Painting Annie by Lucy Burscough

I met Annie within a few days of starting work at Maggie's Centre Manchester when she was introduced to me by Sinead, the centre head. Sinead described Annie as 'a big part of the Maggie's family' and as I have got to know her, I can't work out if her place in the family is as everyone's favourite gran or the cheeky teenage rebel!

Annie is great. She is warm and chatty, funny, comforting and cheerful, and she shares these qualities with centre visitors in her role as a Maggie's volunteer. Annie welcomes people to the centre, giving tours and directing them to the various activities and practical support that is on offer, then takes her place around the kitchen island ready to lend a sympathetic ear, tell a funny tale or let you in on where to buy cheap Doc Marten's. Annie is retired, coming from a background in social care, and, not willing to let her counselling skills go to waste, she volunteers at Maggie's and at the local food bank. Annie's son Stephen is also a volunteer at Maggie's and he has obviously inherited some of his Mum's warmth and conviviality! 

When I met Annie she still had stitches from having undergone surgery following the removal of a malignant melanoma from below her eye. The area was reconstructed using the soft, hairless skin from her upper, inner arm and, by the time we took the photos for the portrait, it was beginning to heal well. I wanted to be sure to capture Annie's infectious smile so I called in another volunteer, Hilary, to stand behind me to make Annie laugh. It worked a treat. In my mind I call this painting 'The Hilary Effect'!

 I really enjoyed painting Annie surrounded by the beautiful wooden struts that are a unique and stunning feature in the design of Maggie's Manchester, and holding one of the lovely, slightly wonky ceramic mugs. I think, when you look at the painting, you can see exactly what Annie looked like as a little girl, full of fun and giggles!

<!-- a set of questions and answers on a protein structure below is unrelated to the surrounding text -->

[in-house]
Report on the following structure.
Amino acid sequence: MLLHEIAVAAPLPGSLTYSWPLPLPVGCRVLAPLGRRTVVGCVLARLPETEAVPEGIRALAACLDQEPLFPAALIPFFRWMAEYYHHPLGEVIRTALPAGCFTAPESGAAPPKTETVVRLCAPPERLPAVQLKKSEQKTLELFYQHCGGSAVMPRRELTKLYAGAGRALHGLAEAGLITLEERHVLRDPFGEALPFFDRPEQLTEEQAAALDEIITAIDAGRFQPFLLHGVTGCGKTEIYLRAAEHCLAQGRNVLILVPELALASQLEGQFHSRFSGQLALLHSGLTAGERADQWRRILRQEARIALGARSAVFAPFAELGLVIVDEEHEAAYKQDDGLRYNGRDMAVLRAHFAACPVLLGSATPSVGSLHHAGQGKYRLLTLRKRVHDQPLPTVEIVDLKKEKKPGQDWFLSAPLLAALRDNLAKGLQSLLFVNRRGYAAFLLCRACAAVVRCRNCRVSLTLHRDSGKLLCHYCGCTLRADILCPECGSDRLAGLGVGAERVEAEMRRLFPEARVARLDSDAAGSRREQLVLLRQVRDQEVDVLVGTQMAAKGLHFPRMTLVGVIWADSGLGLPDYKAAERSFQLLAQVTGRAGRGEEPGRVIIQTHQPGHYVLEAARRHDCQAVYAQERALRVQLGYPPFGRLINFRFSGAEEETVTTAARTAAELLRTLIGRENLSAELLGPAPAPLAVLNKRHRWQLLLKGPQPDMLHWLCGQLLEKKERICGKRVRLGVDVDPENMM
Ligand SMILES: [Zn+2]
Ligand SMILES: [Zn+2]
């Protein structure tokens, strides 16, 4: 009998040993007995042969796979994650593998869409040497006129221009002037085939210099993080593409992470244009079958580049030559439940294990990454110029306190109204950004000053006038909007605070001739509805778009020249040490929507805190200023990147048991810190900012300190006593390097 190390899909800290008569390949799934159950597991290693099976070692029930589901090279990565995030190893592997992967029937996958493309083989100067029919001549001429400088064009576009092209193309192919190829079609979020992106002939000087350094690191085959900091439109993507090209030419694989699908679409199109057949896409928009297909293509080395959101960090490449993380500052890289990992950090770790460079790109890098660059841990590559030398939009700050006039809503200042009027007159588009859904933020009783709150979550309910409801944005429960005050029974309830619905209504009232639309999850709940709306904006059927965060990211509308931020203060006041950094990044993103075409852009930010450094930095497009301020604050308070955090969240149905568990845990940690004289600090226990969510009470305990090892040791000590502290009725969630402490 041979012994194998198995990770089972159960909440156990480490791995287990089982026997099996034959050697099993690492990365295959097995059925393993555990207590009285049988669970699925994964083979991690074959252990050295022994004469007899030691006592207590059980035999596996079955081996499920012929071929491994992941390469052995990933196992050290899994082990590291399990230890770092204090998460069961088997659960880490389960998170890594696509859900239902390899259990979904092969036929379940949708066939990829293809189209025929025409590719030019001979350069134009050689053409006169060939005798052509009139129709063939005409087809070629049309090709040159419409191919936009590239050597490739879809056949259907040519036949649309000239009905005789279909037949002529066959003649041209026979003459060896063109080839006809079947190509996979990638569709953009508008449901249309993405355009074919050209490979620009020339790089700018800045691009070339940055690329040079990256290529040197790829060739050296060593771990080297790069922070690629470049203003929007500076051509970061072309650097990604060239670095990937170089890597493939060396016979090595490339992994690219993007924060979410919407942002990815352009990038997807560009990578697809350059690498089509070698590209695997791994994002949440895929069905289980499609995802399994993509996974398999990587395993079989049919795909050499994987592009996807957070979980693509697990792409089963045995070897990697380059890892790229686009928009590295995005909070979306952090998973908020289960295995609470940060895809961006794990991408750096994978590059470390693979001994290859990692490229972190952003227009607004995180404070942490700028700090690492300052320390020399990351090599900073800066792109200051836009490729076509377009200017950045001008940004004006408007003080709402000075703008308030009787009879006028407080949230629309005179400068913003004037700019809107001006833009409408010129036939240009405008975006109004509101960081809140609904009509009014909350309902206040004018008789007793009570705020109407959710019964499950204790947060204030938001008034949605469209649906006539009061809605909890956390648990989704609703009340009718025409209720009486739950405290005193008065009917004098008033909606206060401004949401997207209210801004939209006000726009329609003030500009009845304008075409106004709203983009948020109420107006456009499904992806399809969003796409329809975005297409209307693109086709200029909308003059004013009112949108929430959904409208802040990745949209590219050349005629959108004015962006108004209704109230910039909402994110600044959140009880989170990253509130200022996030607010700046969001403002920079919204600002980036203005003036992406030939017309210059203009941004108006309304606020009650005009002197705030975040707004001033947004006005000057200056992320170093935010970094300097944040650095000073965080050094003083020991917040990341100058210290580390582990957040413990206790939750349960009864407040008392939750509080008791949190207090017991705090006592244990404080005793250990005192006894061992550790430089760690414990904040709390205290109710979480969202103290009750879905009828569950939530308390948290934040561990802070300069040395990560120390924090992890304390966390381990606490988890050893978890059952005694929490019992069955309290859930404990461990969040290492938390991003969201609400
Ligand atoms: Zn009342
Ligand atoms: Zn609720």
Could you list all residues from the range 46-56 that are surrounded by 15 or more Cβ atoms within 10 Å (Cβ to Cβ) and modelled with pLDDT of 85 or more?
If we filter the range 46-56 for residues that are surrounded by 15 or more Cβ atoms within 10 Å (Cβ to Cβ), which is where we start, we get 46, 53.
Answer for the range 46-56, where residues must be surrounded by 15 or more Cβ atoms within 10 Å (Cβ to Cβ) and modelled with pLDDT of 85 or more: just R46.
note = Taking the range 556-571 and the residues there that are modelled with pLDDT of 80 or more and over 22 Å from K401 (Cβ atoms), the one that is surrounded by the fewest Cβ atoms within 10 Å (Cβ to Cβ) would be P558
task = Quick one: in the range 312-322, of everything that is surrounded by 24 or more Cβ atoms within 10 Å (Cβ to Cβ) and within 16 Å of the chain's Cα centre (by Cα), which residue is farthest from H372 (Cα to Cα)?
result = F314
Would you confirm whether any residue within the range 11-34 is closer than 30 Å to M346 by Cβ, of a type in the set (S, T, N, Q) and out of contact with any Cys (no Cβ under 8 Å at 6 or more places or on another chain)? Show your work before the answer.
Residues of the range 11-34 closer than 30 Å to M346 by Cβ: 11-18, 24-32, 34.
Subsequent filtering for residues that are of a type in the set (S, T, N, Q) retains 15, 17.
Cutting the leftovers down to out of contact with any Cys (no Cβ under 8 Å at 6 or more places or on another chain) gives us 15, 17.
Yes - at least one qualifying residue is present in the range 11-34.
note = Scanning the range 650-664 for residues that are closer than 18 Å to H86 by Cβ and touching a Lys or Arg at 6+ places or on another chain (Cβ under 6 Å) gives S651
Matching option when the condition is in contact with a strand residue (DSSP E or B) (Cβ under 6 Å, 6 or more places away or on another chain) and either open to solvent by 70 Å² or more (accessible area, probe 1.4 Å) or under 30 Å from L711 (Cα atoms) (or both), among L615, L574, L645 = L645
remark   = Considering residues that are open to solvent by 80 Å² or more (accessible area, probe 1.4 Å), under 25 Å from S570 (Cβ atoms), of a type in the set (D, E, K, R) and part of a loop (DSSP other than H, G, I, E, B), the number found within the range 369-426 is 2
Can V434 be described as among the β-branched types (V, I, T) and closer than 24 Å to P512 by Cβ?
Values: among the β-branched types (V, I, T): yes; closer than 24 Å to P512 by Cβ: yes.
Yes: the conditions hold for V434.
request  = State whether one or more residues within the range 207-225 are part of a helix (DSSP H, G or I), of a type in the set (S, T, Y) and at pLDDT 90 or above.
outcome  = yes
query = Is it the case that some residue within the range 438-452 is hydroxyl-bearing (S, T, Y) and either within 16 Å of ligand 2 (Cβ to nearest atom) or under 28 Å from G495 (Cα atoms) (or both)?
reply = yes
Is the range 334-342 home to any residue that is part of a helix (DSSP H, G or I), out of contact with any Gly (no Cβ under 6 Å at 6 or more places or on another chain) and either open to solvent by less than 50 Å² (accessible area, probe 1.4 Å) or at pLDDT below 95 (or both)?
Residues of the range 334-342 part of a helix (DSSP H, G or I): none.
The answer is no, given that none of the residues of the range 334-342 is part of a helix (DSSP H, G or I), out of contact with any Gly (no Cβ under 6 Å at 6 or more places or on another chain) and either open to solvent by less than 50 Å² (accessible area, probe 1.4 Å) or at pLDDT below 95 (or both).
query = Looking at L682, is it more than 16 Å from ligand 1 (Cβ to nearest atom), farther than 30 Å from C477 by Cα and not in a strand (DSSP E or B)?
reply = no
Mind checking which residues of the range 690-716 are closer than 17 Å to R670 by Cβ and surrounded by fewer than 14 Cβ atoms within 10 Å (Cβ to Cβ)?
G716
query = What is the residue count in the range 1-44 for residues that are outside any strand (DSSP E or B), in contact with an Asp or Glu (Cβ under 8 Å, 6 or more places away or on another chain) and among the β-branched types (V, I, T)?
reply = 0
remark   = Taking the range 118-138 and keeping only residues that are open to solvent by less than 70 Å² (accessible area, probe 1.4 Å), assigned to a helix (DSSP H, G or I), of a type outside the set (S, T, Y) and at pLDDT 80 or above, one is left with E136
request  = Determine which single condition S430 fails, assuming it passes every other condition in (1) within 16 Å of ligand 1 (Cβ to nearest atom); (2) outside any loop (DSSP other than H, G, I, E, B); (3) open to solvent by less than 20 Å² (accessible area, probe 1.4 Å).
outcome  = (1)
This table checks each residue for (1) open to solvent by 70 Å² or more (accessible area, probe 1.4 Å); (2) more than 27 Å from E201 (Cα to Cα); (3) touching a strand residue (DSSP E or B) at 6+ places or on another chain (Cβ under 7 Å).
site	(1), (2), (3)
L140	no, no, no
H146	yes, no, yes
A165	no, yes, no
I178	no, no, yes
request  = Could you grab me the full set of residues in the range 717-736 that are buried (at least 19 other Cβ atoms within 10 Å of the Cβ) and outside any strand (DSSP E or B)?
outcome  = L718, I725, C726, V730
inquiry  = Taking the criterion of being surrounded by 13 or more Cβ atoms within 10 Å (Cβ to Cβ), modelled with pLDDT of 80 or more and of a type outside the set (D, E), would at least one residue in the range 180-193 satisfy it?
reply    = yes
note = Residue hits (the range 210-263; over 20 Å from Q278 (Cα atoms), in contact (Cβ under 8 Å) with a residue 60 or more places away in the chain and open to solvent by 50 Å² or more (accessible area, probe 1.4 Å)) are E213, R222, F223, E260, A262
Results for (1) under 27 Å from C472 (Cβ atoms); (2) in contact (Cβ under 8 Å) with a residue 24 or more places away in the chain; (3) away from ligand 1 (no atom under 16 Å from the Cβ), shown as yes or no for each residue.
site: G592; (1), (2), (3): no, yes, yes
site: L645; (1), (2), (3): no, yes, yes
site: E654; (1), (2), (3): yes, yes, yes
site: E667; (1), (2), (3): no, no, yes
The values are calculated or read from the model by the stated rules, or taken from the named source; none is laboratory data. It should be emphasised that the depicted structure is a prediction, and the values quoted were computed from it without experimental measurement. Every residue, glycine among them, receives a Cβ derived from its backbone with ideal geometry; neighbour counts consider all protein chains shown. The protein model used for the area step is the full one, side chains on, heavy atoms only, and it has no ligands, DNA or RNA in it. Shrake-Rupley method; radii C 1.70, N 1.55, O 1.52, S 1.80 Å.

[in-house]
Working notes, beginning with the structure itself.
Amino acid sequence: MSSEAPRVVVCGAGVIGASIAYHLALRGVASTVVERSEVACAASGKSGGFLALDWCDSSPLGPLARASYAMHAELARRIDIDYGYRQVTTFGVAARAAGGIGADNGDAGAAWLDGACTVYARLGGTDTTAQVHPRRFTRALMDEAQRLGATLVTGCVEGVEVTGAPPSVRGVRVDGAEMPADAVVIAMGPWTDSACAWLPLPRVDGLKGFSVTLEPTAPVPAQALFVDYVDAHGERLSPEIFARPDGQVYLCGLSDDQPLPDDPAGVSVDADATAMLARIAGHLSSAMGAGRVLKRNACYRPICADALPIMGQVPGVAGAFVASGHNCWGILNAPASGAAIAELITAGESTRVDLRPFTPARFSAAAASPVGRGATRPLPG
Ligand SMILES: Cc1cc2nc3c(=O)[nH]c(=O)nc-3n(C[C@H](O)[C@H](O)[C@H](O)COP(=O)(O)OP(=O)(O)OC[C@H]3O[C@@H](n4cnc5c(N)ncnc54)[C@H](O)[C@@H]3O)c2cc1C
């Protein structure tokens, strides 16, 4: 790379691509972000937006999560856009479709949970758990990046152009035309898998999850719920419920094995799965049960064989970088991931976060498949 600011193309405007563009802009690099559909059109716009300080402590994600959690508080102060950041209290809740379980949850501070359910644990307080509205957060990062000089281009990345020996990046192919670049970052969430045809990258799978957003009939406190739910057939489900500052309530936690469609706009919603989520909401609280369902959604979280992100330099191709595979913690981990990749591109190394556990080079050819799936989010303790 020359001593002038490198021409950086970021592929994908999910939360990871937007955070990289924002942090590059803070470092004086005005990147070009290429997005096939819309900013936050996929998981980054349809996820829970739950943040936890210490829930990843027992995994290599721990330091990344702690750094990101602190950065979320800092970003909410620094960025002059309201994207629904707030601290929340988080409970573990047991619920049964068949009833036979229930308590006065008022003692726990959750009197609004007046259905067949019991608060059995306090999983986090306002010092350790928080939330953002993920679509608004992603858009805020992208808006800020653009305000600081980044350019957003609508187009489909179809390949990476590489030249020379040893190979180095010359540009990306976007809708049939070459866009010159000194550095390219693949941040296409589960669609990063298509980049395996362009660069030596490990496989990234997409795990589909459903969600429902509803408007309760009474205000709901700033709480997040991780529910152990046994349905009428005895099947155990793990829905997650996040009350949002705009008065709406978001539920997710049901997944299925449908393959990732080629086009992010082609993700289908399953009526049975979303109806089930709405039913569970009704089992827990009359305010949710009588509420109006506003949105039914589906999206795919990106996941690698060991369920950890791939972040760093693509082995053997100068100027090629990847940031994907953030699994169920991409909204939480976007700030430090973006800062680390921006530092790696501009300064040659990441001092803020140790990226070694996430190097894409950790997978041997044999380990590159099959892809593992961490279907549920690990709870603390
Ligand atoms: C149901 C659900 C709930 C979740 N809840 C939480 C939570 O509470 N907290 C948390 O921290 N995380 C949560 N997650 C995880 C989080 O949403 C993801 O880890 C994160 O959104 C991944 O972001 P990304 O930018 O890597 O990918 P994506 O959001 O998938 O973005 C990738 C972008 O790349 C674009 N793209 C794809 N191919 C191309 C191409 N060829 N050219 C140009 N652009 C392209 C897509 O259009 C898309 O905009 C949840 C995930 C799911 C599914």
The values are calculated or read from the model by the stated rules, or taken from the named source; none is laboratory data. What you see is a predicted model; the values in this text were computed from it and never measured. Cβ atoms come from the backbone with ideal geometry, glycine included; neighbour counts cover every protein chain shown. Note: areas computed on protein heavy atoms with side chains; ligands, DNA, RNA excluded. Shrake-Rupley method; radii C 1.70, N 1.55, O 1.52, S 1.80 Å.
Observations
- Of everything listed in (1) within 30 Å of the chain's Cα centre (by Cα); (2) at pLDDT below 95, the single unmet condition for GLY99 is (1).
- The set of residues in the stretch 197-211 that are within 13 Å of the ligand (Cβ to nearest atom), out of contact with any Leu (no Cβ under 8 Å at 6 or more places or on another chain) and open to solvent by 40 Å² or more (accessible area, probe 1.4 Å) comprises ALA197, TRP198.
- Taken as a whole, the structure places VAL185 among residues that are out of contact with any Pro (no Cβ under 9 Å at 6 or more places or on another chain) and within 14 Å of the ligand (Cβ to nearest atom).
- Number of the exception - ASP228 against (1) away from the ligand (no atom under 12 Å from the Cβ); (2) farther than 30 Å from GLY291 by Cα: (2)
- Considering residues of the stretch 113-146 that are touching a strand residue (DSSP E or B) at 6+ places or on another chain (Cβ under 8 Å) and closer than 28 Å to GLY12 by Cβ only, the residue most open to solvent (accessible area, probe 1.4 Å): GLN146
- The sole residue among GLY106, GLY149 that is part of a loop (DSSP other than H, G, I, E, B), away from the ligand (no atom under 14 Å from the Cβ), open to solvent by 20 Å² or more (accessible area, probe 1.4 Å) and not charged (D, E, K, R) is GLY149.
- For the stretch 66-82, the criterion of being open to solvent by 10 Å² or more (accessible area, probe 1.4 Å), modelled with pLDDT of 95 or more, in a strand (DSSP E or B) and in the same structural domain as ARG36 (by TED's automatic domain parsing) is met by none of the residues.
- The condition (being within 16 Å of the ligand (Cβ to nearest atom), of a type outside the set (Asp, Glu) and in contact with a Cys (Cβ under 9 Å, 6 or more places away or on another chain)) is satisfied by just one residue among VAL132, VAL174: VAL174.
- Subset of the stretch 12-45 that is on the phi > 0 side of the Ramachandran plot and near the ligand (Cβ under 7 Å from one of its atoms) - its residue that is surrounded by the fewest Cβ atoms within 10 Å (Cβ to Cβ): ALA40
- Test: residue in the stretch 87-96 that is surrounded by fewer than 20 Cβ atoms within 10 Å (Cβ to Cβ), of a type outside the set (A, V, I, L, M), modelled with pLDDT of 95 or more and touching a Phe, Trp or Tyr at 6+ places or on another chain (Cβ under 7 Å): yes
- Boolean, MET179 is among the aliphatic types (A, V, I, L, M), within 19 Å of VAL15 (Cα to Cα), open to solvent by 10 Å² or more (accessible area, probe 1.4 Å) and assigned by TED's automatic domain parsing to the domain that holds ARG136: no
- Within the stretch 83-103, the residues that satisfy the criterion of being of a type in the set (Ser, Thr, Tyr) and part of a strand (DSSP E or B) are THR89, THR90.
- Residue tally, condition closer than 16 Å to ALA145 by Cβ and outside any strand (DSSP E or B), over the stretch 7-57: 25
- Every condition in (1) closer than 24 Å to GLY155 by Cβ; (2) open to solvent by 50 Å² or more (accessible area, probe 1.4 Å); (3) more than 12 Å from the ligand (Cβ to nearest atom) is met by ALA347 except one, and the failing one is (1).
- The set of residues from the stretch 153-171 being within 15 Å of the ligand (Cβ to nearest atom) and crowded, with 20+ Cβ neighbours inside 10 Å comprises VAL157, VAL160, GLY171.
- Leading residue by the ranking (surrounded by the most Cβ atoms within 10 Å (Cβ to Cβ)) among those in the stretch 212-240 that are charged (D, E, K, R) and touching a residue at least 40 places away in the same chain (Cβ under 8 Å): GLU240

Maggie's Culture Crawl at The Whitworth by Lucy Burscough

I have had my first taste of some of the fantastic fund-raising activities that keep Maggie's Centre Manchester up and running when I was asked by The Whitworth to be involved in the Maggie's Culture Crawl 2017. The event was a 10km walk from the Maggie's Centre to Manchester town centre, stopping along the way at some of the city's top cultural attractions. A really fun night with giving back to Maggie's at its heart.

The walkers arrived at The Whitworth after a send off at Maggie's which included a choir, brass band and motor-bike cavalcade followed by stops at the Gallery of Costume and nibbles in Rusholme. Earlier in the evening The Whitworth celebrated the opening of an exhibition of artworks by the Raqs Media Collective entitled 'Twilight Language'.  The culture crawlers were given printing plates to emboss with drawings inspired by the exhibition in preparation for block-printing. Delivering hands-on arts for health activities for the 270 walkers who eventually signed up for the culture crawl was a little daunting but some military-style planning and the help of Maggie's staff and volunteers helped the workshop to be a great, if crowded, success!